Major automakers including the Detroit 3, Toyota Motor North America and Volkswagen Group of America last week announced their support of Biden's goal of reaching a 50 percent ZEV sales share in 2030, with executives from Ford Motor Co., General Motors, Stellantis and the UAW joining the president as he signed the executive order outside the White House.
"The biggest thing that's happening here is there's a realization, on the part of both labor and business now, that this is the future. We can't sit by," Biden said.
The industry's commitment, however, hinges on efforts from the administration and policymakers to put forth measures that foster greater consumer adoption of EVs, including purchase incentives, charging infrastructure, R&D investments and incentives to boost domestic EV manufacturing and supply chains.
"With the right complementary policies in place, the auto industry is poised to accept the challenge of driving EV purchases to between 40 and 50 percent of new-vehicle sales by the end of the decade," John Bozzella, CEO of the Alliance for Automotive Innovation, said in a statement. "The auto industry has stepped up. ... But all levels of government will need to do their part for this challenge to succeed."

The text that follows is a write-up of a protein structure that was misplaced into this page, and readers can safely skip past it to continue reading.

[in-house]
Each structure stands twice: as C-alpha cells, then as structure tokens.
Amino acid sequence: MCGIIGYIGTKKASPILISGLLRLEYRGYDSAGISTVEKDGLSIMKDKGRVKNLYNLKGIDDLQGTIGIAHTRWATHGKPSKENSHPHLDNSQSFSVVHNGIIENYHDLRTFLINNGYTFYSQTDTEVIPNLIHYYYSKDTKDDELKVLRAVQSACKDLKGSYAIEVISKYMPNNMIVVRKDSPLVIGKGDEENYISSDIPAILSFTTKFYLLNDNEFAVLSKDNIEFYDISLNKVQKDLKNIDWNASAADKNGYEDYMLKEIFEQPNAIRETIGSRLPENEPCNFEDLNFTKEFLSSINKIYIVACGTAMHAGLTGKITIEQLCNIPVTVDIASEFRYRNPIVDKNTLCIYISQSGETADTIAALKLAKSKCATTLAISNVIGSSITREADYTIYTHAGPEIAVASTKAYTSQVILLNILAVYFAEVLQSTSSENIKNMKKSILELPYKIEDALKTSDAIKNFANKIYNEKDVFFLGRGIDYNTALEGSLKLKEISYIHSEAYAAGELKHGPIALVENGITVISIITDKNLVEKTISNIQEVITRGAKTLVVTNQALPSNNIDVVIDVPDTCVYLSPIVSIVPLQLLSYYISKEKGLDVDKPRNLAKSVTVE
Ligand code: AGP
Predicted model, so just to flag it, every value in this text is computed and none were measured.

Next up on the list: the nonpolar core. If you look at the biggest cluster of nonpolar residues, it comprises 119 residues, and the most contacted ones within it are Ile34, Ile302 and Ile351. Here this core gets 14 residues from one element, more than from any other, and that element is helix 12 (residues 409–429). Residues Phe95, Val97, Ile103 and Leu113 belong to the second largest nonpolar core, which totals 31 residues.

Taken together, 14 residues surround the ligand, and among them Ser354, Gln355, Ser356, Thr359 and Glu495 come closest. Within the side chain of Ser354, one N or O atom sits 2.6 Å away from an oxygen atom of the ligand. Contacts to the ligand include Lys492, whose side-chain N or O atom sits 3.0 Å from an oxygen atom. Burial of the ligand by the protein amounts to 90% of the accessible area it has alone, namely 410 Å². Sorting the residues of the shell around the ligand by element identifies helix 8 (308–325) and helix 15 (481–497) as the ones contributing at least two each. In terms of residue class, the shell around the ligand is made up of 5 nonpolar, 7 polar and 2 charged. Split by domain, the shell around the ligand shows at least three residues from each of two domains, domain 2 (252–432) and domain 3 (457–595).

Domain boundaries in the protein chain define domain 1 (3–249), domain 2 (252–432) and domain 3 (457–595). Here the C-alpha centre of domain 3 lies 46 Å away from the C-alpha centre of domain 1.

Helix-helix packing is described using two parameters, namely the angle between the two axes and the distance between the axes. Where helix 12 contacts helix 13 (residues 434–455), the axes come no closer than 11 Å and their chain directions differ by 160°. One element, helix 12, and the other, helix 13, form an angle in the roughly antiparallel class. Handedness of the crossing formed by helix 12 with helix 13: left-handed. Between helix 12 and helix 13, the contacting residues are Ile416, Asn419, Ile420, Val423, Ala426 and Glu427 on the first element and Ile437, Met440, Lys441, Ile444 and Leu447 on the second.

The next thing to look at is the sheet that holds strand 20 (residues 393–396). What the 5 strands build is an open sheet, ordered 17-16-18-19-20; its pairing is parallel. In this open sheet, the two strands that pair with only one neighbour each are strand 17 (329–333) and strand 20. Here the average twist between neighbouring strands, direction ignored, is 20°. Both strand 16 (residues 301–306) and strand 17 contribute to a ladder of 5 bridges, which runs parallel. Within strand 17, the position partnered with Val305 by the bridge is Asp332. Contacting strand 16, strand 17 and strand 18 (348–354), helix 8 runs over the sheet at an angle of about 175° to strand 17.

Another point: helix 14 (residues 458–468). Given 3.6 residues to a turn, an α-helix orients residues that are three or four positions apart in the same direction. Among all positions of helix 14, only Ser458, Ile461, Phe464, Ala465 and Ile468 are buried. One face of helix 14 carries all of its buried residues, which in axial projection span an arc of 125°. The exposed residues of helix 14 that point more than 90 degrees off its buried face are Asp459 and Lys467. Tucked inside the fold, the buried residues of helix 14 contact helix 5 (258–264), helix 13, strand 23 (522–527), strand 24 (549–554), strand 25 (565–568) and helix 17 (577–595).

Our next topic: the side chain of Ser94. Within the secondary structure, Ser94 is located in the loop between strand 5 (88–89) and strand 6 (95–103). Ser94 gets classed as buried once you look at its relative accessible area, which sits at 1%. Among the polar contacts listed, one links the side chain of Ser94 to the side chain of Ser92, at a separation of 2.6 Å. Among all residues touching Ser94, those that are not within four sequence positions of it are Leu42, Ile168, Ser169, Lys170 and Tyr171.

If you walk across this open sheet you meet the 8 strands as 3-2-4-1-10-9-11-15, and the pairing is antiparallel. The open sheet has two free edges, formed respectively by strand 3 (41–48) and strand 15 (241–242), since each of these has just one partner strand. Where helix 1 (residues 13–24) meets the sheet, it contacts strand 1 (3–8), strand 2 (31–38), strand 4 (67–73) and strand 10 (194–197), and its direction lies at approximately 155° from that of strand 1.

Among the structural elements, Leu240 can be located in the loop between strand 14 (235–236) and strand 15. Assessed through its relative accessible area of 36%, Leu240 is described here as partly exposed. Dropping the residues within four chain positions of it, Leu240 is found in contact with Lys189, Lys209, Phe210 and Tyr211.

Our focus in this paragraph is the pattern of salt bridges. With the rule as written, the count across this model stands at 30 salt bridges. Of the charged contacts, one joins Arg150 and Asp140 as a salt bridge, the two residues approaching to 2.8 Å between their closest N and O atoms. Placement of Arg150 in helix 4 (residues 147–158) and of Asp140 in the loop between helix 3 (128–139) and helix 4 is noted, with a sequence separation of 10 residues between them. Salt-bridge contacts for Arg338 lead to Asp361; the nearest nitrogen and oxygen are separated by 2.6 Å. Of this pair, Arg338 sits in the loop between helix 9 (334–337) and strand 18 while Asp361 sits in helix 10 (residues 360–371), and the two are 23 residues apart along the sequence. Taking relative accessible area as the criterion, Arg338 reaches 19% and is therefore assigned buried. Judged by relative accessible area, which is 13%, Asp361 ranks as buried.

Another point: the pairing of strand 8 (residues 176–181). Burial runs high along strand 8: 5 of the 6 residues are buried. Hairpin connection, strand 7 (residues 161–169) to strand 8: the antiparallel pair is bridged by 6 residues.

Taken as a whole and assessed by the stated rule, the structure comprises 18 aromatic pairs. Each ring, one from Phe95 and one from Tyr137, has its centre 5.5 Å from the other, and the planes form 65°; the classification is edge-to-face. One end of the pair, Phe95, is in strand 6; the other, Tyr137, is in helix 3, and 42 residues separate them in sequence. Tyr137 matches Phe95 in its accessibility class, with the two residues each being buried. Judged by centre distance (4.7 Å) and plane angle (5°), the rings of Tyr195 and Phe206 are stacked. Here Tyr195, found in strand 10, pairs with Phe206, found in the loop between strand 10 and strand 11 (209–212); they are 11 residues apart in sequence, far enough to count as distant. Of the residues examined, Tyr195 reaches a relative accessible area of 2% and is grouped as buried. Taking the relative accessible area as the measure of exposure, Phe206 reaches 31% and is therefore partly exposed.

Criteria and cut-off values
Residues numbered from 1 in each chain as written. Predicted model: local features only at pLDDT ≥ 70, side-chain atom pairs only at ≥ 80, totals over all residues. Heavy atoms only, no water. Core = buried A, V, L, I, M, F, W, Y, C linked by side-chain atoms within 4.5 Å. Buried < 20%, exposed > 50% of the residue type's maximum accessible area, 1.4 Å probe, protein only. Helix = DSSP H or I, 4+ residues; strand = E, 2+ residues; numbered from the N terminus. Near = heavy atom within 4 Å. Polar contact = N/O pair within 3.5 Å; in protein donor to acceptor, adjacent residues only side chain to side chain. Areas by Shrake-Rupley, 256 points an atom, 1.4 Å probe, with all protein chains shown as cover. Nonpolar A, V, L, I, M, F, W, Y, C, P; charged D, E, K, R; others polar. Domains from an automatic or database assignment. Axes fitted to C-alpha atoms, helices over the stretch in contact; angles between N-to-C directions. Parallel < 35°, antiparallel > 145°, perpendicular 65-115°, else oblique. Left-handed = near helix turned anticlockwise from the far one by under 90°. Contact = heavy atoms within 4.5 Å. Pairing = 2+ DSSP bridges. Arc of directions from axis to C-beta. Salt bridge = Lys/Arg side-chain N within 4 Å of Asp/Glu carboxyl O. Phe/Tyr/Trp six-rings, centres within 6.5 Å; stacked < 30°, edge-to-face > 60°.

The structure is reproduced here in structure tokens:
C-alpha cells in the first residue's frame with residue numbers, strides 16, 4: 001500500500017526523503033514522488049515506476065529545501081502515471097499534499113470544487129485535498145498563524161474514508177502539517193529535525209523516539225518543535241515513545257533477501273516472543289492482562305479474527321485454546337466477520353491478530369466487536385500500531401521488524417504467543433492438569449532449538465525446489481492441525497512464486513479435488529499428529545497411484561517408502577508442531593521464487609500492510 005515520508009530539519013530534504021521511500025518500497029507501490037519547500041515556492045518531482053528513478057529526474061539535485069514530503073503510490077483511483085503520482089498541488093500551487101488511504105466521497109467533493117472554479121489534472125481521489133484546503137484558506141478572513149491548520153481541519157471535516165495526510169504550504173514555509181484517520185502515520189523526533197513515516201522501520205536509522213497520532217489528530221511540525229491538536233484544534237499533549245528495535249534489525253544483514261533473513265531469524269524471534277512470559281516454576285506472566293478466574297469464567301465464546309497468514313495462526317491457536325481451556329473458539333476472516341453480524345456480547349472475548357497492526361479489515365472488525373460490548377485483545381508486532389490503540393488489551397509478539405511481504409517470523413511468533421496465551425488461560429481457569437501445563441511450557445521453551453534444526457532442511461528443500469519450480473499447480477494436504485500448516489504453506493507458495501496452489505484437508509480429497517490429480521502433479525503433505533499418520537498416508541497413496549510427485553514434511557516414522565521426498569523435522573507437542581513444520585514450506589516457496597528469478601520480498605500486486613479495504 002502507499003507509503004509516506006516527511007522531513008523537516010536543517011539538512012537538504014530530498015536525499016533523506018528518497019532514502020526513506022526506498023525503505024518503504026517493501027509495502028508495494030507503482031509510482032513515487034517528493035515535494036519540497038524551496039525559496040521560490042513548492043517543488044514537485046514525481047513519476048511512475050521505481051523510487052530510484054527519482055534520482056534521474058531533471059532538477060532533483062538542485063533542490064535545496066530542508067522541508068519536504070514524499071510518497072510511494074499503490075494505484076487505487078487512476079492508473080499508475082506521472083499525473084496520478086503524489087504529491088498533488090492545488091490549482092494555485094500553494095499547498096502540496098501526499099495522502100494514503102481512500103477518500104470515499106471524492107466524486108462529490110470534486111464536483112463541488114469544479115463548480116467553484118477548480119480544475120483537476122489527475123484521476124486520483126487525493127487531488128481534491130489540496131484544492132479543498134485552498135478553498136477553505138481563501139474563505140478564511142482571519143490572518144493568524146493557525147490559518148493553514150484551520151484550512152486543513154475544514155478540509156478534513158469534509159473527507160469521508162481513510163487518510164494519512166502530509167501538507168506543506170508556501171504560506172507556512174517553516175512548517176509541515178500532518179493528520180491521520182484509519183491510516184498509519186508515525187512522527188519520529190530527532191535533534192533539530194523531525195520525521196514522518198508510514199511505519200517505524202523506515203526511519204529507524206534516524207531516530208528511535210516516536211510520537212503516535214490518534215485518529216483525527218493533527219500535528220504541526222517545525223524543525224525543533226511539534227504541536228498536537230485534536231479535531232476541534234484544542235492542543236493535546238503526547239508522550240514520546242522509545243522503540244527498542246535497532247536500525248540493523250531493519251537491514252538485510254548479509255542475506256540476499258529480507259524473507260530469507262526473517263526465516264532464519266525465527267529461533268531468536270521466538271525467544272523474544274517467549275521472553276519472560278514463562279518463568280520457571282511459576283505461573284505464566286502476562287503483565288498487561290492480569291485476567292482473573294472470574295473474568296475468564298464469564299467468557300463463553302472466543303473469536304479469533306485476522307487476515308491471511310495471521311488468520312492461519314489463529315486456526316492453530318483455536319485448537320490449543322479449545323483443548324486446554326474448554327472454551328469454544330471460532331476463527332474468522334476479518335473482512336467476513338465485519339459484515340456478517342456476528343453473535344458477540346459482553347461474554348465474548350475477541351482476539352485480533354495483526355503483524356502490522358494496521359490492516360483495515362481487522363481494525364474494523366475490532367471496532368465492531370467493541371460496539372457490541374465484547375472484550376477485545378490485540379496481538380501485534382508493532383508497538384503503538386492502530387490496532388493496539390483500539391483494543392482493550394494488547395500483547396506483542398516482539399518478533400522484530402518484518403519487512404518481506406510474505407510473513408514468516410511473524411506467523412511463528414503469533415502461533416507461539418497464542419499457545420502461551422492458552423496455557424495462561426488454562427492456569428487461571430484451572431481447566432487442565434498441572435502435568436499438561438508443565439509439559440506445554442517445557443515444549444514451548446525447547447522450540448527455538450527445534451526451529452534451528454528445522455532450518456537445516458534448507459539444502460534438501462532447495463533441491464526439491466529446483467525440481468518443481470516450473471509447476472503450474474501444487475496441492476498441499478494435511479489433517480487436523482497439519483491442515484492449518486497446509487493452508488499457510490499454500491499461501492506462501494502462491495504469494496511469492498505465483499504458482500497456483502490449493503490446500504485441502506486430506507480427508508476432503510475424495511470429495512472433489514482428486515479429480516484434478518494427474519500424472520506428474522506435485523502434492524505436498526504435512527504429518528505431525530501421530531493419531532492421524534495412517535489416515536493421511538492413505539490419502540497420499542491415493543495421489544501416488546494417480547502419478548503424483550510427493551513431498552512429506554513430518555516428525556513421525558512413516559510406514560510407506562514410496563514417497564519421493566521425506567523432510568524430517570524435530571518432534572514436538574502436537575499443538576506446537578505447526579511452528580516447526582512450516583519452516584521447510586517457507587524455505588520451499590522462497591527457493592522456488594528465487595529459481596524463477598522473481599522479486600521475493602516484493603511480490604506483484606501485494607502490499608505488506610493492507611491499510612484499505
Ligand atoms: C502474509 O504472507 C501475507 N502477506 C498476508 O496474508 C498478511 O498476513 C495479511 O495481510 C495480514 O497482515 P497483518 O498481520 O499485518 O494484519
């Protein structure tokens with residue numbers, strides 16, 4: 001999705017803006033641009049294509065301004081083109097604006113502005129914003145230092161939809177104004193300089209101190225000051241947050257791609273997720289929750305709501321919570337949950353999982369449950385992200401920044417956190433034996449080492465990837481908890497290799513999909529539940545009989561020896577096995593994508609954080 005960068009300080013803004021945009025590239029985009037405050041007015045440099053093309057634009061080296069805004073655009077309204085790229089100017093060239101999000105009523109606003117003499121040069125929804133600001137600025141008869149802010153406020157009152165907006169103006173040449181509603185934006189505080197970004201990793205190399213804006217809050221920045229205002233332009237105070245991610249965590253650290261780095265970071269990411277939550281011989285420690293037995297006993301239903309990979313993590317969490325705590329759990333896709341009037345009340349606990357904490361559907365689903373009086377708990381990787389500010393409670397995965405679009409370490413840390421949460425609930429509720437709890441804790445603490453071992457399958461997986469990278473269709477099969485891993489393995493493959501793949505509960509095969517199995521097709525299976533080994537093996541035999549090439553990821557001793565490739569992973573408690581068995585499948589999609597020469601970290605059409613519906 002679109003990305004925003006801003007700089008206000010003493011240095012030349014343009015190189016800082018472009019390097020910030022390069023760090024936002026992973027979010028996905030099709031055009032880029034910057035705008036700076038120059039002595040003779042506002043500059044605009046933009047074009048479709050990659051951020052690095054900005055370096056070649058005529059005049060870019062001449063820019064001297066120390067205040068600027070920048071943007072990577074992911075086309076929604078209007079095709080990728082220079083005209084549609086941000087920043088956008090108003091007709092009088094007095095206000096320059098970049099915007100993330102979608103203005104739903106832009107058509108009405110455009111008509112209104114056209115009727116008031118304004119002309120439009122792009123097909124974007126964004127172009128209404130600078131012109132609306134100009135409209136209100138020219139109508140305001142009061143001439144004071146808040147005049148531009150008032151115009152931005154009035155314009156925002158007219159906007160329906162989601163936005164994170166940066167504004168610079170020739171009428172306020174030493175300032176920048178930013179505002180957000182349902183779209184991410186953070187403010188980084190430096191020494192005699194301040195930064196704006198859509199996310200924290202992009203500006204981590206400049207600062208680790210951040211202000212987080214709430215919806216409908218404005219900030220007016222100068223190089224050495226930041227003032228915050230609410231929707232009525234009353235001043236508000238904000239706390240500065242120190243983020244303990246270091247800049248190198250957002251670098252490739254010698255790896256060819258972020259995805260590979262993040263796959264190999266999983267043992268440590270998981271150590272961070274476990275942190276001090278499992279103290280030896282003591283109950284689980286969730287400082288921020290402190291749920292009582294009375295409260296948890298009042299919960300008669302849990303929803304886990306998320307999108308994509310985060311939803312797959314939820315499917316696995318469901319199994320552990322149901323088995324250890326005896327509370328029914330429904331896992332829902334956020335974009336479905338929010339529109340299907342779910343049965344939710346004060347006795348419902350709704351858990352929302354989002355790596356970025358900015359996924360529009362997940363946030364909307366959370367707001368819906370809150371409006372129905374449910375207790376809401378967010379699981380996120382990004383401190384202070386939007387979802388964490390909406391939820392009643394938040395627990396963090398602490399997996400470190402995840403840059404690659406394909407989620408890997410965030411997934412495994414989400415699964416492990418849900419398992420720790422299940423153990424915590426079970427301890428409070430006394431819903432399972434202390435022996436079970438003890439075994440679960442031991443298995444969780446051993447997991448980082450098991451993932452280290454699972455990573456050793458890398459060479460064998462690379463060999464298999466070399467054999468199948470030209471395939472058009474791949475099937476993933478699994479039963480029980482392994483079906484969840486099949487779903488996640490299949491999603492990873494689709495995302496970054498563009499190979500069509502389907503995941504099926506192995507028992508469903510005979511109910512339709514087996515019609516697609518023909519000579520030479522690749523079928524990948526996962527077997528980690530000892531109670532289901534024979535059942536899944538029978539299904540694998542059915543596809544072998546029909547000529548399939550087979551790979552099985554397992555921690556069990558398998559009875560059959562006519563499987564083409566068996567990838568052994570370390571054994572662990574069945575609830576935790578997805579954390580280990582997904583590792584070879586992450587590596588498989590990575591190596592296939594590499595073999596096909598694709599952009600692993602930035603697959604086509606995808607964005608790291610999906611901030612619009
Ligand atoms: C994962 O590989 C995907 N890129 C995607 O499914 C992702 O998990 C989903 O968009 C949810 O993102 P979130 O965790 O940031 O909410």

Seth Goldstein, a senior equity analyst for Morningstar, said Biden's voluntary target — instead of a firm regulation — "does reduce the pressure for an automaker."
"That said, in the second half of the decade — once EVs are cheaper and reach functional parity — I think consumer demand will push automakers to produce and sell more EVs by 2030 regardless of regulations," Goldstein said.
The president's directive aligns with what automakers are facing globally. "European and Chinese regulations essentially force automakers to electrify their fleets over the next decade," he said. "This just brings greater focus to the U.S. part of auto production."
The U.S. is approaching 2 million sales of passenger EVs, according to Atlas Public Policy's Nigro, and the U.S. Energy Information Administration is projecting 15 million passenger vehicle sales in 2030.
"If we're going to hit 7.5 million of those being electric in 2030, we're going to have to see a marked scale-up in sales, deployment of infrastructure and other policies in place to make it possible for consumers to buy that many EVs," Nigro said. "It's a huge growth."
EVs made up 3.3 percent of new passenger vehicle sales in the U.S. through May this year, according to Atlas Public Policy data, compared with 1.7 percent through May 2020 and 1.9 percent for that period of 2019.
"This action is definitely a step in the right direction," Nigro said. "But we're going to need Washington to continue to deliver with really new and bold climate policy and investments in the deployment of this technology."